It was a delightful scene and “I Want You Back” was the perfect choice for the soundtrack after such an intense rollercoaster of emotions in the climax. It allowed viewers to leave Guardians Of The Galaxy with a bright smile and one last chuckle as Groot toys with Drax.
3 “Moonage Daydream” By David Bowie
David Bowie’s “Moonage Daydream” is played over the scene in which the Guardians first arrive on Knowhere. His otherworldly sound pairs beautifully with the otherworldly imagery of a Celestial skull floating through space.
It shows the impact of James Gunn’s style for the Guardians when the recent Guardians Of The Galaxy video game utilized music in a similar fashion. It even has a similar establishing shot of its own version of Knowhere.
2 “Come A Little Bit Closer” By Jay & The Americans
This is when Yondu officially steals Guardians Of The Galaxy Vol. 2, using his advanced Yaka Arrow to decimate all of the Ravagers that betrayed him. Thanks to Rocket, Yondu is able to slay whilst “Come A Little Bit Closer” by Jay & The Americans as they retake the ship.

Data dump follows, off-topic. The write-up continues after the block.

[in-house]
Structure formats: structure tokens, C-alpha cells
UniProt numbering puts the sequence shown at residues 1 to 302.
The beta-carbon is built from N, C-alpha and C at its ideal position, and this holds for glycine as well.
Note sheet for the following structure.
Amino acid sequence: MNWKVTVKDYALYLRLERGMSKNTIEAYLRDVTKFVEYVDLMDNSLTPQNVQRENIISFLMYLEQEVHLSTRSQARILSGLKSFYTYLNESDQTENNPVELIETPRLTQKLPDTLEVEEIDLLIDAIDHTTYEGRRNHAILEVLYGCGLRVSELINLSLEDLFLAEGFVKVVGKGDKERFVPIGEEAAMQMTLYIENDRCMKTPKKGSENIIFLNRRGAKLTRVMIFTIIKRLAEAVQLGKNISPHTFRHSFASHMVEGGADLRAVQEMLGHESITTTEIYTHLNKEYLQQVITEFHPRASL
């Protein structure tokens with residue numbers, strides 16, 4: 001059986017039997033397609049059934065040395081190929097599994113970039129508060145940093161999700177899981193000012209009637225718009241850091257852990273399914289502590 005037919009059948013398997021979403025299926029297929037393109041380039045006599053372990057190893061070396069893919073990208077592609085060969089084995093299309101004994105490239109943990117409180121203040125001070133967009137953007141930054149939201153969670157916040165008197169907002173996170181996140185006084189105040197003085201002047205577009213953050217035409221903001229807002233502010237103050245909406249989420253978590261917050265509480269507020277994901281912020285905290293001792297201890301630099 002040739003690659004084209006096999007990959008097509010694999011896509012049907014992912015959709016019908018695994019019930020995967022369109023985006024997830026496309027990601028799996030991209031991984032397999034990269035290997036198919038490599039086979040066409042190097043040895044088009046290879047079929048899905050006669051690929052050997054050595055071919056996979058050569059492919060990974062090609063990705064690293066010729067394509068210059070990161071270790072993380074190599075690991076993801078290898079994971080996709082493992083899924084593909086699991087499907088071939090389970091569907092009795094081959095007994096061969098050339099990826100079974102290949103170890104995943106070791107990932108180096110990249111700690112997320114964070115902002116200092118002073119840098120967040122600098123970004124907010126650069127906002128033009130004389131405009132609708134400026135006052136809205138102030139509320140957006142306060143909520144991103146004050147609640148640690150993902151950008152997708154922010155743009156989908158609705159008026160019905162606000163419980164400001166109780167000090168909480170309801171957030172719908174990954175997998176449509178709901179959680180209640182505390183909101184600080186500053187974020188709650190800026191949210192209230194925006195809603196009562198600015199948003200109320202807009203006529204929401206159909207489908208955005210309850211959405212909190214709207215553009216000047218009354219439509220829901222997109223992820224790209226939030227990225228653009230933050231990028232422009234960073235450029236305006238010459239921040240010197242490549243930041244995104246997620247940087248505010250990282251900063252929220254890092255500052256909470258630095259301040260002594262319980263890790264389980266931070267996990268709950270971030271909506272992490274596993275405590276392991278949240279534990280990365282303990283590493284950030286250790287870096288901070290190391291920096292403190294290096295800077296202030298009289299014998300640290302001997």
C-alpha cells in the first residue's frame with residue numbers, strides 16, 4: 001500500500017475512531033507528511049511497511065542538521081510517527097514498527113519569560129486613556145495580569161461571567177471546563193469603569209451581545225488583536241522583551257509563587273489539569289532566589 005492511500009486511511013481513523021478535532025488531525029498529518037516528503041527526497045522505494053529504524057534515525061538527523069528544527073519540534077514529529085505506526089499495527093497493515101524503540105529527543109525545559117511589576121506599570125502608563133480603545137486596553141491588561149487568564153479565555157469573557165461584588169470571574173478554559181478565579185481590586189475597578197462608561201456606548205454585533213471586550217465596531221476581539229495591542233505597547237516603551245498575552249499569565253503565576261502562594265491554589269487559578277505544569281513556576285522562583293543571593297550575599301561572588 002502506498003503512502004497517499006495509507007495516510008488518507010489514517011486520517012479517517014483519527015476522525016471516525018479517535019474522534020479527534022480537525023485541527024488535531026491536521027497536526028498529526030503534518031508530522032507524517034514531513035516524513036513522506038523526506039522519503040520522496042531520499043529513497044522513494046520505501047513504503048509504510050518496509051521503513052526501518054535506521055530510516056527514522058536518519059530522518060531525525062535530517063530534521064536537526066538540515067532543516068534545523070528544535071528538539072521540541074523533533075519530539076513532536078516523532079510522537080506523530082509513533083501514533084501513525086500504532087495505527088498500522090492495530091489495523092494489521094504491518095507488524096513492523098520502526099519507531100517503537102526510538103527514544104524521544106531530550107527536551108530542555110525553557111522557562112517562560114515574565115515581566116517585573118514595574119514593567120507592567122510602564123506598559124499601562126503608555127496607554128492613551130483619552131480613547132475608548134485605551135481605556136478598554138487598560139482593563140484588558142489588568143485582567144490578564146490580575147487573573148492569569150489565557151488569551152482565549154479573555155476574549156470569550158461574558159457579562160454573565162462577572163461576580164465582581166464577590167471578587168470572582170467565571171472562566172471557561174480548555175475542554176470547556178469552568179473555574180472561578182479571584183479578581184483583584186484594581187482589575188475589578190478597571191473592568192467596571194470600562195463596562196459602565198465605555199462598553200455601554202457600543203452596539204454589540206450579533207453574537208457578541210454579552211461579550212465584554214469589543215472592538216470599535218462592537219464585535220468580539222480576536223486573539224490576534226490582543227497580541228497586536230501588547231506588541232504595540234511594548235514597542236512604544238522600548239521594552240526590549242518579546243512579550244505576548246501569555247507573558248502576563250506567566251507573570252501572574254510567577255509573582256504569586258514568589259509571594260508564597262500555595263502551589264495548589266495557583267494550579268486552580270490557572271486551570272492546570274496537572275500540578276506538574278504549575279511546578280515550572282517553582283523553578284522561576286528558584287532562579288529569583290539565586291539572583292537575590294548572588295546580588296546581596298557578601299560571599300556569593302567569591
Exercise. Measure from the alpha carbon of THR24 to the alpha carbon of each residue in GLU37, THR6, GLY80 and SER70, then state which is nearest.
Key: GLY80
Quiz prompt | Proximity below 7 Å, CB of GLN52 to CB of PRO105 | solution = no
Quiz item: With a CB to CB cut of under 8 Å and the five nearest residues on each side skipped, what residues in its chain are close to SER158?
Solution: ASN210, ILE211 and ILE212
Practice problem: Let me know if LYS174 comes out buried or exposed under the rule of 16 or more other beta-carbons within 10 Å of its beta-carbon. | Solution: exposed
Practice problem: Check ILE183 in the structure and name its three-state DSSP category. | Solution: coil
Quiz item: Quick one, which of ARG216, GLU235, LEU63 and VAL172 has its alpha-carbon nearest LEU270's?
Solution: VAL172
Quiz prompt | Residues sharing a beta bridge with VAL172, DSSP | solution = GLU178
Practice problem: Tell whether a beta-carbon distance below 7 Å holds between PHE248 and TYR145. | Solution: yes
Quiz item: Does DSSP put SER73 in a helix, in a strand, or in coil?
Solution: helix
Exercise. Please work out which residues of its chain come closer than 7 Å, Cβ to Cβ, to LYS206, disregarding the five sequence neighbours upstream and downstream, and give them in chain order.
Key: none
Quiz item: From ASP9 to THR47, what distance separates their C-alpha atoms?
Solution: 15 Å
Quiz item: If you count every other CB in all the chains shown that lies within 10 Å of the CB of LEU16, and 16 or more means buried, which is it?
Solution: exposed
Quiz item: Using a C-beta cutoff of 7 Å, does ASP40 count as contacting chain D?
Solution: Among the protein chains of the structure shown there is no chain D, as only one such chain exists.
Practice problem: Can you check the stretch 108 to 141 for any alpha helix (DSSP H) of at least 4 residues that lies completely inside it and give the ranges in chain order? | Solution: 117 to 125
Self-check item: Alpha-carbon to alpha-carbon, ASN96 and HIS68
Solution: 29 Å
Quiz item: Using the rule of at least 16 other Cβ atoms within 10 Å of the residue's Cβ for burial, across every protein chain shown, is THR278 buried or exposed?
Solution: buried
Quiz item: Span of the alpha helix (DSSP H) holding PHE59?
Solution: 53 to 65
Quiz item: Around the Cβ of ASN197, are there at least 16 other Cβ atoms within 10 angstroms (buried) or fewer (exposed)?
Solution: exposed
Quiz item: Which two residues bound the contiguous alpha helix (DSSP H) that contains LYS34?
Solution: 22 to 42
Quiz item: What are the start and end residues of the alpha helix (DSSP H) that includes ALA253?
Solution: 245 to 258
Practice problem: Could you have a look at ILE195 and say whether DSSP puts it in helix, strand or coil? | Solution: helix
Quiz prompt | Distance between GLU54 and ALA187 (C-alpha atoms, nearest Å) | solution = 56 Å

The joyous and almost operatic sound of the song adds to the common trope that ultra-violence is much more tolerable when paired with something more upbeat. The way Yondu murders the Ravagers is actually rather dark and twisted but the music makes the scene one of the most fun scenes in the Guardians Of The Galaxy movies.
1 “The Chain” by Fleetwood Mac
Usually, in the final battle scenes of MCU movies, a grandiose, sweeping, orchestral score will play to capture the weight and gravity of what’s going on. But James Gunn has demonstrated with the Guardians of the Galaxy movies that the same can be accomplished – and is actually more effective – with a pop classic.
At the end of Vol. 2, as Quill finally manages to channel his Celestial half and battle Ego. The dramatic heft of Fleetwood Mac’s “The Chain” packs the emotional punch the scene needs; especially since it becomes less of a fight for the universe and more of a son defying his said excuse of a father.